There are a few ways to really make your personality shine in the bathroom. You can choose a bright, punchy color palette that reflects your sunny nature. Hang up some artwork that will always make you smile. Or, you can weave in baskets and other boho storage options to create an atmosphere as relaxed as you are. You can also showcase your tastes through the materials you choose, including that of your bathroom sink.
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Today, sinks are available in a near-dizzying array of materials and hues. The porcelain-or-nothing era is long gone. You can bring an air of distinctiveness into your bath by choosing a sink material that's clean and classic, like vitreous china or a solid surface option. You could embrace natural materials with concrete, marble, or onyx. Or, push the envelope with steel or glass.
We've done the hard work of laying out the pros and cons for each of these bathroom sink materials so you don't have to. Get ready to be inspired and brainstorm fresh ideas to give your personal sanctuary a dreamy refresh.
1. Vitreous China Bathroom Sink
Vitreous china is a common bathroom sink material. Coated with enamel, it's nearly identical to porcelain, but the bonus is that the coating protects better against stains and use. Vitreous china also carries a similar price point to porcelain, and it's a good option for a budget bathroom.
2. Solid Surface Bathroom Sink
Typically, solid surface sinks are a mix of acrylic and polyester particles held together with resin. Simply put: this material can be formed and molded into tons of different shapes and is available in undermount and integral styles that mesh with the countertop. It's durable and requires less maintenance than other sink materials, and while it's easy on the budget the marble-like patterns can tend to look a bit too faux at times.
This nearly all-white bath designed by Kevin Vallely of Vallely Architecture features a pair of sleek and seamless solid surface undermount sinks.
3. Concrete Bathroom Sink
If you're going for an unexpected, industrial feel, you can't go wrong with concrete. While it's certainly sturdy and stylish, remember that a concrete bathroom sink will require an occasional coat of sealant when it gets chipped and scratched. But if you enjoy a well-worn look, you'll likely embrace those imperfections. Even though concrete is considered an economical material, concrete sinks are usually pricey since they have to be custom-made.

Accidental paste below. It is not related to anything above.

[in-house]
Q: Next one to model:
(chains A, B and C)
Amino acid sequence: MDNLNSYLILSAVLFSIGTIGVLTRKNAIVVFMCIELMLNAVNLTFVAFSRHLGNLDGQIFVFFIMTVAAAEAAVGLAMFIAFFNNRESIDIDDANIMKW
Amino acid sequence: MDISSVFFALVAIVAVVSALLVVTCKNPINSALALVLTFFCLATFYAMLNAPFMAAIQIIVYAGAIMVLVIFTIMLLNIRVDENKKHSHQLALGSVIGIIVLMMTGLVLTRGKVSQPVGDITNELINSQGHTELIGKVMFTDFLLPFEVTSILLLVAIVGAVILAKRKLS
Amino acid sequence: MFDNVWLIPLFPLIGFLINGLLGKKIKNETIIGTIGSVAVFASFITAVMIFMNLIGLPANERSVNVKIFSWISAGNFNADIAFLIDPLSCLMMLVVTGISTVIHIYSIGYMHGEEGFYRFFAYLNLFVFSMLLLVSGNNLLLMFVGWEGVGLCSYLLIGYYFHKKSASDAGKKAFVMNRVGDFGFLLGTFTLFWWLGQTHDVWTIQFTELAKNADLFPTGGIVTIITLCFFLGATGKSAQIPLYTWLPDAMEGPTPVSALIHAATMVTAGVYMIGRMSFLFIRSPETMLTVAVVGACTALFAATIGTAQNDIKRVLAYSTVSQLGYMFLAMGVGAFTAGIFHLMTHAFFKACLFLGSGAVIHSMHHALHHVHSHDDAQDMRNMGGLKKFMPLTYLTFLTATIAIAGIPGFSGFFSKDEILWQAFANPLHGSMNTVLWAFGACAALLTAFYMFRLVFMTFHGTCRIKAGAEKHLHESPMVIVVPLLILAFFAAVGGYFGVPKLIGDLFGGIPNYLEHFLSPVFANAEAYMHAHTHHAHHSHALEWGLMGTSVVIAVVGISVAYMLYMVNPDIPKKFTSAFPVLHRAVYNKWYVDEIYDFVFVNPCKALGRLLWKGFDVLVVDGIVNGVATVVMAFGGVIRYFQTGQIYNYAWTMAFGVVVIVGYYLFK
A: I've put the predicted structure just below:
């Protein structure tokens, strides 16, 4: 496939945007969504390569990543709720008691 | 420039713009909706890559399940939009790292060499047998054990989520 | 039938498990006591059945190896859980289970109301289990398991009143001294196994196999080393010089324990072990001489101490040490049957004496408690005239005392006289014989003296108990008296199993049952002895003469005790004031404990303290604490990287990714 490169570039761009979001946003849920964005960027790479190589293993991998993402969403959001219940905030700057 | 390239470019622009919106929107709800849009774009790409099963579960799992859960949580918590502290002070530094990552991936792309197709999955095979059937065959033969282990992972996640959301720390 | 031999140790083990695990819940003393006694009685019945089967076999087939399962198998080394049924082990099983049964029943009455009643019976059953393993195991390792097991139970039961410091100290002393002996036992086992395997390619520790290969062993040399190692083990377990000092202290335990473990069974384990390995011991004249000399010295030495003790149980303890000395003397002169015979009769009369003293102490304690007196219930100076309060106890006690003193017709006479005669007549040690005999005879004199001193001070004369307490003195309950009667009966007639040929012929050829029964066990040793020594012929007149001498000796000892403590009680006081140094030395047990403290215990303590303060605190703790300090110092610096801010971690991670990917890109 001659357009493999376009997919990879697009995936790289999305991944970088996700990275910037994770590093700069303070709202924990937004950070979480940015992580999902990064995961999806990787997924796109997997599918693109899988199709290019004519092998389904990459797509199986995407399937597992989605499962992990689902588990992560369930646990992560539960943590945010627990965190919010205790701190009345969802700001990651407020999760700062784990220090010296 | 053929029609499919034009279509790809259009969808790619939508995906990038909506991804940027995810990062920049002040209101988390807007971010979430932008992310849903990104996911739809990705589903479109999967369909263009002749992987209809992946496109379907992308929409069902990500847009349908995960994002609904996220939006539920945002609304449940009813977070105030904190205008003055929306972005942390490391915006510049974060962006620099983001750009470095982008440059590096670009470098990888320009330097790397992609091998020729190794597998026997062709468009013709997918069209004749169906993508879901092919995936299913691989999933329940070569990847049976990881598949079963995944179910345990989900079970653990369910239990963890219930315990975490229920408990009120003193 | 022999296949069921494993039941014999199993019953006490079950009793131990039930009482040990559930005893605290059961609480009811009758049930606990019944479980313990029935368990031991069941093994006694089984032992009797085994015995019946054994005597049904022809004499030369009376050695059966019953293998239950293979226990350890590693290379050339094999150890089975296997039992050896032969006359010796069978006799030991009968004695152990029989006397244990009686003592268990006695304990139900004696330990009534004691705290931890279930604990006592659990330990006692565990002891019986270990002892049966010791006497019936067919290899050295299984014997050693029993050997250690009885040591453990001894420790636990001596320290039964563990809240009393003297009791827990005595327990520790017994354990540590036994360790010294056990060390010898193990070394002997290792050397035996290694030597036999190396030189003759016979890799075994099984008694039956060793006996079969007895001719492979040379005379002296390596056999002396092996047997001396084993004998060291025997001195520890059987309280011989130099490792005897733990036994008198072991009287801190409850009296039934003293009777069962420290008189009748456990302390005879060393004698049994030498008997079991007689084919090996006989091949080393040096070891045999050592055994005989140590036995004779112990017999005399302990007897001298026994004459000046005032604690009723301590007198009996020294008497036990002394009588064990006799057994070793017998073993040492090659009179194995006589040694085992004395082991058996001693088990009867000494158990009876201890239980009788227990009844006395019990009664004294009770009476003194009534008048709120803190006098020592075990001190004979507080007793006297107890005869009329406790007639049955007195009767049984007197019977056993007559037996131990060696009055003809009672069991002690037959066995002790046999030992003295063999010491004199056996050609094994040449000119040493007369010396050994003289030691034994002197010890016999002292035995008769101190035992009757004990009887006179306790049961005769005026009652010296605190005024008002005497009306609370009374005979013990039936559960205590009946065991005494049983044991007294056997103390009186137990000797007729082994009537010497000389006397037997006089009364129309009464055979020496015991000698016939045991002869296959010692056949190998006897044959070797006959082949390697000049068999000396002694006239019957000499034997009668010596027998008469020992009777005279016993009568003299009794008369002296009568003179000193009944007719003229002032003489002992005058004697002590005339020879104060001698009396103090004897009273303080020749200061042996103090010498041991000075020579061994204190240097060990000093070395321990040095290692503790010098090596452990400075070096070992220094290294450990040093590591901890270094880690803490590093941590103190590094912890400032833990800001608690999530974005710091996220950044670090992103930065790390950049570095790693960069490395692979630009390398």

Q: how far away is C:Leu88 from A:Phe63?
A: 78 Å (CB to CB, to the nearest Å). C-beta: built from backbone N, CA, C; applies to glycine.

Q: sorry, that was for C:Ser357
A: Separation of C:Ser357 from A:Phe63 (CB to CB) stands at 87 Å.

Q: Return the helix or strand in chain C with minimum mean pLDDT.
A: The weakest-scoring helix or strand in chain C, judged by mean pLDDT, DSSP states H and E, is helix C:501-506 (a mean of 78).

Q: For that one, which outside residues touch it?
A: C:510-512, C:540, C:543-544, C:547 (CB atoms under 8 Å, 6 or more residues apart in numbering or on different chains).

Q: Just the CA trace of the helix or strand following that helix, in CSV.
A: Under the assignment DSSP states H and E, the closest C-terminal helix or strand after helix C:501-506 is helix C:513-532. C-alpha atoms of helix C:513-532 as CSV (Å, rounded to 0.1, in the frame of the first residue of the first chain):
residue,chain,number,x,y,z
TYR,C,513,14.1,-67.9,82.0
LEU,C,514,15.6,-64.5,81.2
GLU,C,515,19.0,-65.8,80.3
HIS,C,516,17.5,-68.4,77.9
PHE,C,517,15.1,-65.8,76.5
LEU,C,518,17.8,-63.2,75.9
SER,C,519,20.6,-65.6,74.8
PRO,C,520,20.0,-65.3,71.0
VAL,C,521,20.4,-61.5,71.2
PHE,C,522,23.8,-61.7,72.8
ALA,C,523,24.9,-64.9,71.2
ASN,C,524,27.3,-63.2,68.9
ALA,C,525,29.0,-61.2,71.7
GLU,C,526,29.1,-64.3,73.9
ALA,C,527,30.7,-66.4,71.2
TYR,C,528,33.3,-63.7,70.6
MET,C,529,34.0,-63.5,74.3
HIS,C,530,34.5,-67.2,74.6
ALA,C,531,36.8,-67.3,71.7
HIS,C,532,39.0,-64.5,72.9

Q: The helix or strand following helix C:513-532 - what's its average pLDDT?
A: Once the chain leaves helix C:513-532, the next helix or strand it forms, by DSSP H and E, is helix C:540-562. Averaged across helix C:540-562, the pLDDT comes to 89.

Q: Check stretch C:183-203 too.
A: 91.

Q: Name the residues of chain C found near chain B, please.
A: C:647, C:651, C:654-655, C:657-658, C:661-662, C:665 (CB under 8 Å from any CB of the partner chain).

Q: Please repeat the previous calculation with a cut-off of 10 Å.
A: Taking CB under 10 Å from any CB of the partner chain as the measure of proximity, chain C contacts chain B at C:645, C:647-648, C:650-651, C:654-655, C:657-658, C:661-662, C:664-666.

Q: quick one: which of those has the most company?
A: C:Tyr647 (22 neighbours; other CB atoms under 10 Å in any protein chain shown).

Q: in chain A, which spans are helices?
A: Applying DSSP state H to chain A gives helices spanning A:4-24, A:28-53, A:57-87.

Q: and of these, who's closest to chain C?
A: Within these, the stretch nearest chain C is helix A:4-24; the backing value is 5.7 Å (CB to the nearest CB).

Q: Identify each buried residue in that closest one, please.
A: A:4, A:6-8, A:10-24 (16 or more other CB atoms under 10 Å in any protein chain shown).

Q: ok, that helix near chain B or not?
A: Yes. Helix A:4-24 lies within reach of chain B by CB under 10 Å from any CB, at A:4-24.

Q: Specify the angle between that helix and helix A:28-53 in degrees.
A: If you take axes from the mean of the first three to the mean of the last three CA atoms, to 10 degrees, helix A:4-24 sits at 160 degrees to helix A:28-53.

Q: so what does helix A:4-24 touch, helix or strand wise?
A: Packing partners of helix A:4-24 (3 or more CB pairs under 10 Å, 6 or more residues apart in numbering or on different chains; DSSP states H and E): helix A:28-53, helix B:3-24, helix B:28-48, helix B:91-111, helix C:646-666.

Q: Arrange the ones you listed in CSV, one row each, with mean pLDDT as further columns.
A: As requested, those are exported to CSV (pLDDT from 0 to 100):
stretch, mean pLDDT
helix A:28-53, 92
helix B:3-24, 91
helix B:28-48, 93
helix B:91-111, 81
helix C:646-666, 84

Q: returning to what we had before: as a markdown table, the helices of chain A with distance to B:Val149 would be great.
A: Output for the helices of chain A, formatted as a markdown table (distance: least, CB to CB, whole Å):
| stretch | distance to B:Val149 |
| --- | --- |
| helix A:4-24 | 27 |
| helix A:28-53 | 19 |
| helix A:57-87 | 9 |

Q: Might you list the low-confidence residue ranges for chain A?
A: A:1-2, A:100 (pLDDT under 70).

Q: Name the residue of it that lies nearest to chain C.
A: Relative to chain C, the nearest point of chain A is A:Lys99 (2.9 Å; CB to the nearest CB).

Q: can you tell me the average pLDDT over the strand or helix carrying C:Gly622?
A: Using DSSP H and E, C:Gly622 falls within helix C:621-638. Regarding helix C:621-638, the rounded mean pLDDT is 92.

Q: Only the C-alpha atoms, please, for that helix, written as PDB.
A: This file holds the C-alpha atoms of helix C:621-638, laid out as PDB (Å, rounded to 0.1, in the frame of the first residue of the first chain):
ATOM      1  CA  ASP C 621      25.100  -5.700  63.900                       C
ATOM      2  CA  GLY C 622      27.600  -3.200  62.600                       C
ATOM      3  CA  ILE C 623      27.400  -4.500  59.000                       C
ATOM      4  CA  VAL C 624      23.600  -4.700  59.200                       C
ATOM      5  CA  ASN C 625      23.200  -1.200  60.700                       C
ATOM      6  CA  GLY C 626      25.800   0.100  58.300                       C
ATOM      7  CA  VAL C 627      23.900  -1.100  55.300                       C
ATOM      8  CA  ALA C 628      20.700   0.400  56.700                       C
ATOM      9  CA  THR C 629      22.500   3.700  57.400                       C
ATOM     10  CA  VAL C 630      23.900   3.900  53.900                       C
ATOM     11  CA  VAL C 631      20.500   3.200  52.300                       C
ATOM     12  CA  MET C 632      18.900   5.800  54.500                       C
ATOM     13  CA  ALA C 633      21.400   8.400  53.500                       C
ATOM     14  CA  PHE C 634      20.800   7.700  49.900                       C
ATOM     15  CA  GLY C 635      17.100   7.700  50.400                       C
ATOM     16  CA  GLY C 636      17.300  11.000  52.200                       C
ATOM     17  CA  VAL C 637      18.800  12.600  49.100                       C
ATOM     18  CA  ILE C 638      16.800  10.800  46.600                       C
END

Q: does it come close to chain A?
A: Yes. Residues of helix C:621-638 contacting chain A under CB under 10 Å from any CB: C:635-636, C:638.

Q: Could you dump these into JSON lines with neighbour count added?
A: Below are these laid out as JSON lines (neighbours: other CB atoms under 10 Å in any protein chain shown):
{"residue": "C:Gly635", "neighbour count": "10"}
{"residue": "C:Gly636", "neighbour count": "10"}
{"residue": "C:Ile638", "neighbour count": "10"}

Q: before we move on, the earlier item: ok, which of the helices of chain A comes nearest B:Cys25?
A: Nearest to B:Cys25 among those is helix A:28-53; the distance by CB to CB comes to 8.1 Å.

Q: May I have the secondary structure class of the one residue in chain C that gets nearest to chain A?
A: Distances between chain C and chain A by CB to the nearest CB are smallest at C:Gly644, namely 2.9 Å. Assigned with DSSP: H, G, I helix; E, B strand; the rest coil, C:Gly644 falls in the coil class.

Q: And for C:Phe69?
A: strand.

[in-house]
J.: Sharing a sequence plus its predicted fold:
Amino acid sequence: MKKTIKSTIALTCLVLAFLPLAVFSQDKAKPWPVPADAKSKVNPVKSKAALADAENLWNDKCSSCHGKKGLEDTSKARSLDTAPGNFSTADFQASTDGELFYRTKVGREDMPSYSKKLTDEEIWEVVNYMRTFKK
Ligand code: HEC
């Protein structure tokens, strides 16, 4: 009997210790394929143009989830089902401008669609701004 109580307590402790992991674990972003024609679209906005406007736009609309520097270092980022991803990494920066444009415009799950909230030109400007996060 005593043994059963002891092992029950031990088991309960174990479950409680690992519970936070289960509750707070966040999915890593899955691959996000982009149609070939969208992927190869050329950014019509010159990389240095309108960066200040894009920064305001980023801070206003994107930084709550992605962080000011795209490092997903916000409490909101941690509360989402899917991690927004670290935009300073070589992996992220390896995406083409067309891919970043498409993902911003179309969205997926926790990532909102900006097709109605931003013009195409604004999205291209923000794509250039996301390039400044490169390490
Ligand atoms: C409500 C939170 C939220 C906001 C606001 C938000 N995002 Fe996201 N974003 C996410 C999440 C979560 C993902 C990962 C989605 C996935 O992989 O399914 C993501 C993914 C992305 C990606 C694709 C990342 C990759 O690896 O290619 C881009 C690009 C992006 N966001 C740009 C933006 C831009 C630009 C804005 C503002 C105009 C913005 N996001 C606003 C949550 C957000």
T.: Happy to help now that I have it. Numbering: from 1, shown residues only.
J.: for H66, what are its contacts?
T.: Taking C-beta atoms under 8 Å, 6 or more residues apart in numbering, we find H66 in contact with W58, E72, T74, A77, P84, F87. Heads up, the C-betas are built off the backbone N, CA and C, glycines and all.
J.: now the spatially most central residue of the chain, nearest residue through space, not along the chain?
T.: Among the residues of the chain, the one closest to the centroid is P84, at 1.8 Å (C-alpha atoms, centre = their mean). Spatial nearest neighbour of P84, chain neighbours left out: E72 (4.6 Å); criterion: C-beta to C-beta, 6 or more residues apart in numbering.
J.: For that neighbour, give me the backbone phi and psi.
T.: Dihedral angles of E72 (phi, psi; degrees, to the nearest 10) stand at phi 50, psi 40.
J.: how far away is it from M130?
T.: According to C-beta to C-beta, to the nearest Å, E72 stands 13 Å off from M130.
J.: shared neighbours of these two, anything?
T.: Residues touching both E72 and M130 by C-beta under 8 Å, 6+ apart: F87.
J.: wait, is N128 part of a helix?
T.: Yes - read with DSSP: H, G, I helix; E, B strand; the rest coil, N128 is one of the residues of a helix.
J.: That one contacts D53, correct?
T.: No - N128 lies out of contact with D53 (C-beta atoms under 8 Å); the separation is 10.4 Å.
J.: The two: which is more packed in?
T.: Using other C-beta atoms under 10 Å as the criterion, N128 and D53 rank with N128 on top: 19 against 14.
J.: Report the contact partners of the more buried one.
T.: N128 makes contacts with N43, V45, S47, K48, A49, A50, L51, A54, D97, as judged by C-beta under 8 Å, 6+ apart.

4. Marble Bathroom Sink
Marble is gorgeous, and it's definitely having a moment in modern bathrooms. Known for its one-of-a-kind veining and timeless look, what's not to love? Well, since it's on the porous side, you'll need to periodically seal it to protect against stains. Additionally, and not surprisingly, the luxe and elegant material can be expensive.
5. Onyx Bathroom Sink
Onyx is a visually stunning choice for a bathroom sink. The lines and curves of its natural veining communicate a geode-like feel that's guaranteed to catch eyes. But it does have its downsides. Onyx is soft and delicate, which means it's quite prone to chips and scratches. It has to be sealed and refinished regularly to look its very best. Plus, it's also known to be one of the more cha-ching sink materials on the market. But if you have the means, we say go for it!
In this bathroom designed by architecture and design firm Strianese + Pew, dusty pink onyx looks striking and fanciful as a sink.
6. Steel Bathroom Sink
Yes, you can take steel out of the kitchen and put it in your bathroom instead. In fact, steel looks pretty darn cool in a modern-day bath. It's incredibly durable and won't break the bank. The only things to think about are that it only comes in silver (which is important to consider if you're all about matching the metal finishes in your bath) and can easily show water spots.
7. Glass Bathroom Sink
For artistic ambiance in your bath, look no further than a glass bathroom sink. Available in myriad colors and patterns, glass, which usually appears as a vessel sink, is a creative choice that's painless to clean. But since it is glass, it can be predisposed to cracks over time. They also tend to be more costly than run-of-the-mill options.